DigiTimes: Intel To Outsource 14nm Chips To TSMC (Updated)

UPDATE 10:45 PT 9/7/2018: Intel responded to our queries with the following nebulous statement (which does not deny outsourcing): “In response to the stronger than expected demand environment, we are continuing to invest in Intel’s 14 nm manufacturing capacity.”

We also spoke with representatives that indicated that Intel continues to use external foundries for some products, but would not elaborate on specific partners or products.

Original Coverage --

DigiTimes is reporting that Intel intends to outsource 14nm chipsets and "several other" 300-series processors, possibly meaning the Coffee Lake chips, to TSMC to aid in production. The news comes as details of Intel's struggles with 14nm chip production surface from multiple sources. The shortages largely stem from the company's delayed 10nm production, which has pushed unexpected demand back to its 14nm manufacturing lines. 

It seems counter-intuitive for Intel to outsource production of its Coffee Lake processors, especially due to design complexity and trade secrets, so we are skeptical. Outsourcing the H310 chipset, which has been plagued by poor availability for months, seems more plausible.

These relatively simple chips would seemingly be easier to port over to TSMCs foundries, albeit on a different node, especially (as DigiTimes notes) given the company's partnership with Intel on other products, such as the SoFIA SoC's and Stratix FPGAs. Currently the 14nm chipsets are clogging Intel's 14nm foundries: in most cases the company has to create one chipset for each processor, so easing that production load would free Intel up to produce more 14nm Coffee Lake processors.

The signs of an impending shortage of Intel's 14nm chips became clear when the company announced during its latest earnings call that "Our biggest challenge in the second half [of 2018] will be meeting additional demand, and we are working intently with our customers and our factories to be prepared so we are not constraining our customers' growth."

But signs of Intel's 14nm struggles had emerged even before the company publicly acknowledged the issues. Intel's 14nm H310 chipsets have been in short supply, or simply unavailable, since May 2018. Several Taiwanese OEMs, including Acer's CEO Jason Chen, stepped forward last week and said that 14nm CPU shortages are already impacting their supply chains.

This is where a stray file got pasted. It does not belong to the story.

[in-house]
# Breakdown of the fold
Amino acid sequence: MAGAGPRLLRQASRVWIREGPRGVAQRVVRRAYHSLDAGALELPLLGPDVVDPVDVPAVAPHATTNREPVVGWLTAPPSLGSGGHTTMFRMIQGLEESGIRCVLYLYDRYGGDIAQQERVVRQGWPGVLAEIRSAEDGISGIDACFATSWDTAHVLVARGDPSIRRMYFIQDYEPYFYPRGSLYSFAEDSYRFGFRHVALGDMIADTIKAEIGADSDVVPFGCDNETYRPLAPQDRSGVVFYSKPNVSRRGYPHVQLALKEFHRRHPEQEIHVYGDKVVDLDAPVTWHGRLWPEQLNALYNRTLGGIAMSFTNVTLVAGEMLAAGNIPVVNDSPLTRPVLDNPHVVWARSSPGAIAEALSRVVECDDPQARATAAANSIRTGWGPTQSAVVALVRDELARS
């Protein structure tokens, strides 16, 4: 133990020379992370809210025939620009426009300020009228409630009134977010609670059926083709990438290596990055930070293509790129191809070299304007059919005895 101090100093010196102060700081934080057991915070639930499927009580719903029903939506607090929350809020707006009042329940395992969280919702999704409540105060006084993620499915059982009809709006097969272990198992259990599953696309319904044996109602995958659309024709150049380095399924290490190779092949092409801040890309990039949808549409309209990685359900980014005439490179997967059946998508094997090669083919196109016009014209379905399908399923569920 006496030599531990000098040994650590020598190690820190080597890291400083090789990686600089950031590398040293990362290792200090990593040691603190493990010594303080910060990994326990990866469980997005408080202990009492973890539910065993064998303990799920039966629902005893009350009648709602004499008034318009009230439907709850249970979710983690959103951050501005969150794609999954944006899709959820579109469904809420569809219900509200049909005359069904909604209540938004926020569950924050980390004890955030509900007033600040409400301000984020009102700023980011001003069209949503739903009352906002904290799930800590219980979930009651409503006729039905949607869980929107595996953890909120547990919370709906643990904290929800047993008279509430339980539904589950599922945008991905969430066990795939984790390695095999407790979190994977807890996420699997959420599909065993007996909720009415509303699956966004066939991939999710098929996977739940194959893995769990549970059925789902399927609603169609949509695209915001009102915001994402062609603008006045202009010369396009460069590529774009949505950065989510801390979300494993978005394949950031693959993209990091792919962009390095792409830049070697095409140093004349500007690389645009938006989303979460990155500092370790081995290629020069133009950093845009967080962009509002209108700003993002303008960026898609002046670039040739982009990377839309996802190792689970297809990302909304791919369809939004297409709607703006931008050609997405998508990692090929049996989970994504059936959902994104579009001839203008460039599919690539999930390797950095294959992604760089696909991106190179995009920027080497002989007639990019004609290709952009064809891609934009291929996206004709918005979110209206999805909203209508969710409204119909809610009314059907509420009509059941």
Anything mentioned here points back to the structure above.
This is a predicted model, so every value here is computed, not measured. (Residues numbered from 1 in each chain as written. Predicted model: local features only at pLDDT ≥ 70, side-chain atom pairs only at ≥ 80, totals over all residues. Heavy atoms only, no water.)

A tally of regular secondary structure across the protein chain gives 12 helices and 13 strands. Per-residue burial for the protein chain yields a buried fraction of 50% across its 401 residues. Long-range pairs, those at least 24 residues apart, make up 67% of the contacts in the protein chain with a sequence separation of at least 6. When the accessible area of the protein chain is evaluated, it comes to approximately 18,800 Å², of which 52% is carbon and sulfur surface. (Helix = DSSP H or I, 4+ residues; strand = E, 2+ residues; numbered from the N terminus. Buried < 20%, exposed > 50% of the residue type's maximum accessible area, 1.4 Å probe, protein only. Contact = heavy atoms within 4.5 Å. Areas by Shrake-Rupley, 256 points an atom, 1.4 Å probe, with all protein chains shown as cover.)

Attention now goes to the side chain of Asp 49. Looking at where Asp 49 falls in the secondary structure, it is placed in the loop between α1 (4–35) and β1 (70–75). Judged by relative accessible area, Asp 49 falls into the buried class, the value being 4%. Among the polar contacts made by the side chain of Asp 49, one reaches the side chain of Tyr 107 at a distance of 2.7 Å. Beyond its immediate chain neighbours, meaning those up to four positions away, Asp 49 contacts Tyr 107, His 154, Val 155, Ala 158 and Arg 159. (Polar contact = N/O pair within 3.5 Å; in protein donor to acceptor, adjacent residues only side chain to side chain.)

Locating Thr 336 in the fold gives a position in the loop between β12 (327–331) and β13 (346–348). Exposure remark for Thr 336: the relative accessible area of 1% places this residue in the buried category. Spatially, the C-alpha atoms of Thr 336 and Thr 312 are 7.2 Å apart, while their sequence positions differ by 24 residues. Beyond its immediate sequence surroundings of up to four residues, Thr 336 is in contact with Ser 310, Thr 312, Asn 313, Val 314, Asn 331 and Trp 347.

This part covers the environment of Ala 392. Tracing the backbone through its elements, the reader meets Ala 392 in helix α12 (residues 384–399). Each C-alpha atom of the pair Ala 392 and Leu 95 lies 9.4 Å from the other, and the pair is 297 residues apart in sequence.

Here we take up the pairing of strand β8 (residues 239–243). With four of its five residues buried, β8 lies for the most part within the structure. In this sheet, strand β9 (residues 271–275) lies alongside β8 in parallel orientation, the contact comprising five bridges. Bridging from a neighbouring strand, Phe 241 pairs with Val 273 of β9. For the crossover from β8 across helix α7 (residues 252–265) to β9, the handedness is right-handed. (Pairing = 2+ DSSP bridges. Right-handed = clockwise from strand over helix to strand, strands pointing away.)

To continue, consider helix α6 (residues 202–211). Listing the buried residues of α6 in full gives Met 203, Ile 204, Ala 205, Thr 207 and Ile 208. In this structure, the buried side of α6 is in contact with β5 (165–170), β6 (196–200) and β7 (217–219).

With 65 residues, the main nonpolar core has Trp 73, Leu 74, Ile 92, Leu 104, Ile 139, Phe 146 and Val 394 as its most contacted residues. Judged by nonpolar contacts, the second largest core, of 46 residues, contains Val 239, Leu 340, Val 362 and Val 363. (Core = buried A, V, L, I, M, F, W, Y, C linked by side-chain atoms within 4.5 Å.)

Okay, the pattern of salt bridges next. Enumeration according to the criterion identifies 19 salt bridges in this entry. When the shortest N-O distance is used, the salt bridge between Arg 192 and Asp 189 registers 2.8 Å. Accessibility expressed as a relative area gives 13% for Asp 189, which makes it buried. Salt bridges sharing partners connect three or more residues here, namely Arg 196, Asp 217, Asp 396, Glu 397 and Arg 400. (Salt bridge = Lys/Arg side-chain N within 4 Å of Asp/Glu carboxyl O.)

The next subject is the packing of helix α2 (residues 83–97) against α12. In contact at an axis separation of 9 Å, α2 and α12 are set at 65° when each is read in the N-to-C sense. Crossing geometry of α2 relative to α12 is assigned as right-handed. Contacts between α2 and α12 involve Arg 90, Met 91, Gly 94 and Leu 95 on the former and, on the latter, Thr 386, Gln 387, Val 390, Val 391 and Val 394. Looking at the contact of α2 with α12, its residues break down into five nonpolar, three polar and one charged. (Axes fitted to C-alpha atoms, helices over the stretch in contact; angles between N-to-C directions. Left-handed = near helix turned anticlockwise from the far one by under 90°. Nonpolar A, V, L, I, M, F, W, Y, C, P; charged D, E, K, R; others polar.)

We followed up last week with pricing and availability analysis and found that many of Intel's non-K SKUs, meaning the cheaper models that generate less margin, are experiencing a sharp rise in pricing. Intel's Core i7-8700K is also popping in and out of stock at major retailers, suggesting that the company is having a hard time meeting demand.

Over the weekend, SemiAccurate unveiled purportedly internal HPE documents that highlight the severity of the shortage. The documents, which pertain to Intel's data center Xeon processors, instruct the company's sales representatives to 'steer demand' from unavailable models to other Xeon products that are available, or to recommend AMD's EPYC processors.

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  • jpe1701
    Recommend Epyc? I love it. It's great to see competition again.
  • hannibal
    The problem is that if there is production capasity problem. It means that the prices of all products comes upp... as there were production capasity problem in memory department, no it goes to cpu and gpu... and only can means higher prices to us.
  • stdragon
    Anonymous said:
    Recommend Epyc? I love it. It's great to see competition again.


    Going to be real interesting how that's handled. With any virtualization technology (VMWare, HyperV, Citrix...etc), you can NOT mix AMD with Intel in a single virtualization host cluster. You can however create AMD and Intel clusters with like CPUs, but even then the CPU generation feature-set will be to the lowest common denominator. This is important when having to do things like vMotion (live migration of a running VM from one host to another).